ARCHIVED CONTENT: In December 2020, the CZO program was succeeded by the Critical Zone Collaborative Network (CZ Net) ×

Goldschmidt 2013 conference

Session 16B: Probing the Critical Zone (and related Session 19C) will be held at Goldschmidt 2013 in Florence, Italy 25-30 August 2013.

Florence, Italy

National | Boulder | Catalina-Jemez | Christina | Luquillo | Shale Hills | Sierra |

Two CZ sessions at Goldschmidt 2013:

Session 16B: "Probing the Critical Zone"

The critical zone of the Earth is the thin pellicule of the Earth "between the rocks and sky". Critical Zone processes sustain terrestrial ecosystems, shape landscapes and control linkages between land and water. Quantifying these processes requires studies that address complex biotic/abiotic interactions. The last decade has seen an unprecedented development of integrated studies on the Critical Zone of the Earth, in particular based on Critical Zone Observatories and monitoring facilities. This session will welcome studies that aim to define and understand the main processes operating in the Critical Zone and their couplings. In particular, submissions addressing feedbacks between biogeochemical cycling and chemical weathering are strongly encouraged.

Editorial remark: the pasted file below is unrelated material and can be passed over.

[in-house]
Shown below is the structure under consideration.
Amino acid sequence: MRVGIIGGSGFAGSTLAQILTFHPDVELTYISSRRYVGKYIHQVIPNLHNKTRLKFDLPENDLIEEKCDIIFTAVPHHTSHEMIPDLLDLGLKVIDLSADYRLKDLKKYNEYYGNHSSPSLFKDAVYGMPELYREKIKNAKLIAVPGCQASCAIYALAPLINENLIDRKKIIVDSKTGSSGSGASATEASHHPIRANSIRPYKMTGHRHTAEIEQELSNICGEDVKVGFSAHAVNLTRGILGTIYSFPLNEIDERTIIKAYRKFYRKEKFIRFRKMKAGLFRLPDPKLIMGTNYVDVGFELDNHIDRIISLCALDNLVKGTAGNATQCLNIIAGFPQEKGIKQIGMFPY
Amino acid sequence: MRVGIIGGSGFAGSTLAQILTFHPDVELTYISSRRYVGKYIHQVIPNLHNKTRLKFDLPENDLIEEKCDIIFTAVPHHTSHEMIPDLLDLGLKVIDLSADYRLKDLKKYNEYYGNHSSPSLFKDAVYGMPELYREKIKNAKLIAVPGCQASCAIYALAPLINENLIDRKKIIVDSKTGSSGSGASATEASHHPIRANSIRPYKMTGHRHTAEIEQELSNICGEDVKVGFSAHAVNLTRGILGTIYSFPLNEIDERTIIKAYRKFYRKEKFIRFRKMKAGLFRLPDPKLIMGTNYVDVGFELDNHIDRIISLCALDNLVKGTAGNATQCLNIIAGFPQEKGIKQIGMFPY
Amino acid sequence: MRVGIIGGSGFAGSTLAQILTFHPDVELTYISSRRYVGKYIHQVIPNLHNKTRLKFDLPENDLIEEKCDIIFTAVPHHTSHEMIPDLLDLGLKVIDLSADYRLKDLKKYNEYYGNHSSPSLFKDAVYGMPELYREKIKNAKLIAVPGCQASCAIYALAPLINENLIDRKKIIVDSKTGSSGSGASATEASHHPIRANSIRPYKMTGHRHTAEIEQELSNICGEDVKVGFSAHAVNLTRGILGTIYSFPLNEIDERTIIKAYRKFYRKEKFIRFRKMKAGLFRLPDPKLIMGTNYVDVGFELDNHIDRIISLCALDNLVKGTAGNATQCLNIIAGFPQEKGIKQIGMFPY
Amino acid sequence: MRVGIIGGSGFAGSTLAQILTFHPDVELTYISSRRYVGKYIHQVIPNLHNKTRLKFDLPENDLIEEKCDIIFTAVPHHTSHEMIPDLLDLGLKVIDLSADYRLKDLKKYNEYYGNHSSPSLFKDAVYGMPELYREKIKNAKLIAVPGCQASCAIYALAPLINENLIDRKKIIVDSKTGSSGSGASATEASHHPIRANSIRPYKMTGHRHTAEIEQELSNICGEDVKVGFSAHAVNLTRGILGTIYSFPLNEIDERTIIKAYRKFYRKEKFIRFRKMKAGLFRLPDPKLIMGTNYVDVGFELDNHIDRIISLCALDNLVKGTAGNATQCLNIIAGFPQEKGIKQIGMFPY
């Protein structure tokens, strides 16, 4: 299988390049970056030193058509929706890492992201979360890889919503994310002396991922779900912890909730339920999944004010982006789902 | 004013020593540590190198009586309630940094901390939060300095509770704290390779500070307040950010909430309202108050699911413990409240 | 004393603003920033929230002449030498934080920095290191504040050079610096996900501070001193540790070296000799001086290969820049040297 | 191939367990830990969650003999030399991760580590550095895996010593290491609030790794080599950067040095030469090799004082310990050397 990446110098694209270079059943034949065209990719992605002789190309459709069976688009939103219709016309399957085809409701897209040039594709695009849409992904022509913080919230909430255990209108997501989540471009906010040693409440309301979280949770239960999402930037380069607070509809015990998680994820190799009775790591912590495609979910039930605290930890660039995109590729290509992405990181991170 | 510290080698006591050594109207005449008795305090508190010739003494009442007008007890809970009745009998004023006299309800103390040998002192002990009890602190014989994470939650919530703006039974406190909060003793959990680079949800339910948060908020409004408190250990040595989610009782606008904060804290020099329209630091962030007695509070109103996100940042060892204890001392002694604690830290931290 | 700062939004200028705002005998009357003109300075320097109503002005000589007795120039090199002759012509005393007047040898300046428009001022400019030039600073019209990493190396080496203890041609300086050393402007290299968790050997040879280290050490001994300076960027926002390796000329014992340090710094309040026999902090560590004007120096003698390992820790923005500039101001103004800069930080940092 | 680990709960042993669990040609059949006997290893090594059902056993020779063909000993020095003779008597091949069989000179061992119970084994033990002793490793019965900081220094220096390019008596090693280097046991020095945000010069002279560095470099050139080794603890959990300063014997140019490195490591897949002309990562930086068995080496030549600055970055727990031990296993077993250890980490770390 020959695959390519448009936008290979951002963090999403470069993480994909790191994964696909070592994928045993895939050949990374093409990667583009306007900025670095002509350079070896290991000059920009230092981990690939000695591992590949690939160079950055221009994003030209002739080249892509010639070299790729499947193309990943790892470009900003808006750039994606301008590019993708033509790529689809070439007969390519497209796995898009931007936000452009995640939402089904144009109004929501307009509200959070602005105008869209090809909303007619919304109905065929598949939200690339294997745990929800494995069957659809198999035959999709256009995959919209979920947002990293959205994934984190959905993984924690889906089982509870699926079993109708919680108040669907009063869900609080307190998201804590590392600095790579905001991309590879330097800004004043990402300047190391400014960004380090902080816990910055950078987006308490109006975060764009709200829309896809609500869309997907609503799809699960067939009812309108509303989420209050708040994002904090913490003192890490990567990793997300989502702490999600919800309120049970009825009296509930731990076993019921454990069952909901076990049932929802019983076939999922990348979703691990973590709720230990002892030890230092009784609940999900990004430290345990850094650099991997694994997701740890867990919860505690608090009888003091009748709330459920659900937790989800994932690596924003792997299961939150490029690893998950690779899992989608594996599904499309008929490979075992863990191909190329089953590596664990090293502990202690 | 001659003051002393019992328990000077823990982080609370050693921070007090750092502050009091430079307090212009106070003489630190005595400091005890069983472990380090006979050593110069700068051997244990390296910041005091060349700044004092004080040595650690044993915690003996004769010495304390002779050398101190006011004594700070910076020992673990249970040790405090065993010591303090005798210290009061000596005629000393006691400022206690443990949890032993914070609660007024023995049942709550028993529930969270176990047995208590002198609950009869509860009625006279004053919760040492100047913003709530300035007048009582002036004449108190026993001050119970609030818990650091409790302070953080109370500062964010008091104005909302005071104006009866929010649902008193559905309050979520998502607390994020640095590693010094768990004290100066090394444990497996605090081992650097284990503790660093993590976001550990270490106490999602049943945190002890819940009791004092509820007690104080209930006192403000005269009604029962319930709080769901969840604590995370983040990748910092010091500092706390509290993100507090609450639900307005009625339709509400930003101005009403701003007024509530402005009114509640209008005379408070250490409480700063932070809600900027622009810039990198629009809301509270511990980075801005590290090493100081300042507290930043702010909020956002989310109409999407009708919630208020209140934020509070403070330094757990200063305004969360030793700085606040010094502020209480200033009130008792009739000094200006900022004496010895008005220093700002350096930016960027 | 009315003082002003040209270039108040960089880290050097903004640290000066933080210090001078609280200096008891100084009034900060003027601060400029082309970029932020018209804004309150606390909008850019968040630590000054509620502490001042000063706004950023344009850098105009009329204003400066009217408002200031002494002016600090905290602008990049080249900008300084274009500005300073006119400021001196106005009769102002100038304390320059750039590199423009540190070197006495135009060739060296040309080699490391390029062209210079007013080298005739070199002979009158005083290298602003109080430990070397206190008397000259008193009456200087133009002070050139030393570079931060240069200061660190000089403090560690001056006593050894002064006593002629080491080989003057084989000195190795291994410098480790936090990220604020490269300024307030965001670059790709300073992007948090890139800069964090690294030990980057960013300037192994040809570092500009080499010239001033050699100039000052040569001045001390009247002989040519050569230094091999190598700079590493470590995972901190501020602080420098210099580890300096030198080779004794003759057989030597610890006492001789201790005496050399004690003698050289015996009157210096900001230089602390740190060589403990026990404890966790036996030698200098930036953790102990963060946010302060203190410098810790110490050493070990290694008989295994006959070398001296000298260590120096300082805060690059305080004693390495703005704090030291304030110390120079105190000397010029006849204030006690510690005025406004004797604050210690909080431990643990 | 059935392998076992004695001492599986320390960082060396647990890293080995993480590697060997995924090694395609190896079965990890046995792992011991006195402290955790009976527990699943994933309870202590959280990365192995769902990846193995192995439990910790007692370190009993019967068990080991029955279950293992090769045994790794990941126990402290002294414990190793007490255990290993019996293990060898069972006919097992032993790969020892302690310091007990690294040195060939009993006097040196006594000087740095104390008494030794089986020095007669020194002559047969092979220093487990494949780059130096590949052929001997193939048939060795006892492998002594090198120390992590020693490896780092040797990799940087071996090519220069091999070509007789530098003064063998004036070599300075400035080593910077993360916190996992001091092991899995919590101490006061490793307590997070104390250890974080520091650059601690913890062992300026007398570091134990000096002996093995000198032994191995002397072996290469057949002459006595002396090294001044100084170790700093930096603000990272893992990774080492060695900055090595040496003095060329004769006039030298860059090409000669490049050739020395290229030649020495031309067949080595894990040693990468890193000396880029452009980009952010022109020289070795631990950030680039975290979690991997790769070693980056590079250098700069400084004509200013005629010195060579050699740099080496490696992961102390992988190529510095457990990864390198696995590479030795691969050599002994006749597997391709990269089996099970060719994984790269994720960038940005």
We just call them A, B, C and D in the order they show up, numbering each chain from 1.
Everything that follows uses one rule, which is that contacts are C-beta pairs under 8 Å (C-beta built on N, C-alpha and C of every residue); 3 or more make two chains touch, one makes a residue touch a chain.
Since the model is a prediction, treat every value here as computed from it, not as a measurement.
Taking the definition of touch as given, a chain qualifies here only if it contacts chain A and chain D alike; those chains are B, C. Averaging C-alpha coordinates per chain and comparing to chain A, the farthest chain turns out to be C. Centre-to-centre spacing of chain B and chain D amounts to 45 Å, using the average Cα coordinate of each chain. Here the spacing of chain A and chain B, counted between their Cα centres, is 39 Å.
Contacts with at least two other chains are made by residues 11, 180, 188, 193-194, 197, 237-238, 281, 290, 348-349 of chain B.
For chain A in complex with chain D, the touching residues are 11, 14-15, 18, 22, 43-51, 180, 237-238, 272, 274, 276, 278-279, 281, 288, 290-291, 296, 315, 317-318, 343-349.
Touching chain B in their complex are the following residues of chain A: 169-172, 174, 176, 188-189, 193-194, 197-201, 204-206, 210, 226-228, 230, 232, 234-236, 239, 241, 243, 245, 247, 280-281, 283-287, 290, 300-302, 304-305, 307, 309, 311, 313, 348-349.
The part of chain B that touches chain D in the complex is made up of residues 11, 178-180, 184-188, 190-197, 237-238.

Keynote: Jon Chorover (University of Arizona)

Session Convenors: Corey Lawrence, Sétareh Rad, Heather Buss

Tuesday Morning Talks: August 27th, 9:00-11:15 in L01

Monday Posters: August 26th, Posters 337-344

Session 19c:  "Subsurface porous media as biogeochemical reactors: How coupled biogeochemical processes affect material fluxes from molecular to Critical Zone scales"

Development of a mechanistic interpretation of chemical dynamics in natural subsurface porous media is often limited by an incomplete understanding of the coupled biotic and abiotic processes that govern chemical phase partitioning and transport. These heterogeneous systems are characterized by a range of possible molecular-scale reactions, separated in space and time, whose relative importance may be affected by pore, pedon and catchment or watershed scale drivers. At the same time, to the extent that subsurface porous media operate as biogeochemical reactors, reaction chemistry should be reflected in large scale structure (e.g., regolith formation) and phenomena (e.g., catchment hydrologic response). This symposium invites all papers that seek to enlighten the linkages between underlying molecular processes and higher-scale observations of biogeochemistry pertaining to soils, sediments, aquifers and fractured bedrock systems.

Co-conveners:  Ruben Kretzschmar (ETHZ), Jon Chorover (Arizona), and Steve Banwart (Sheffield)

Wednesday Afternoon Talks: August 28th, 14:30-17:30 in L11

Wednesday Posters: August 28th, Posters 358-362

Registration and abstract submission

Now open

Abstract submission
DEADLINE 12 April, 2013 (23:59 UTC)


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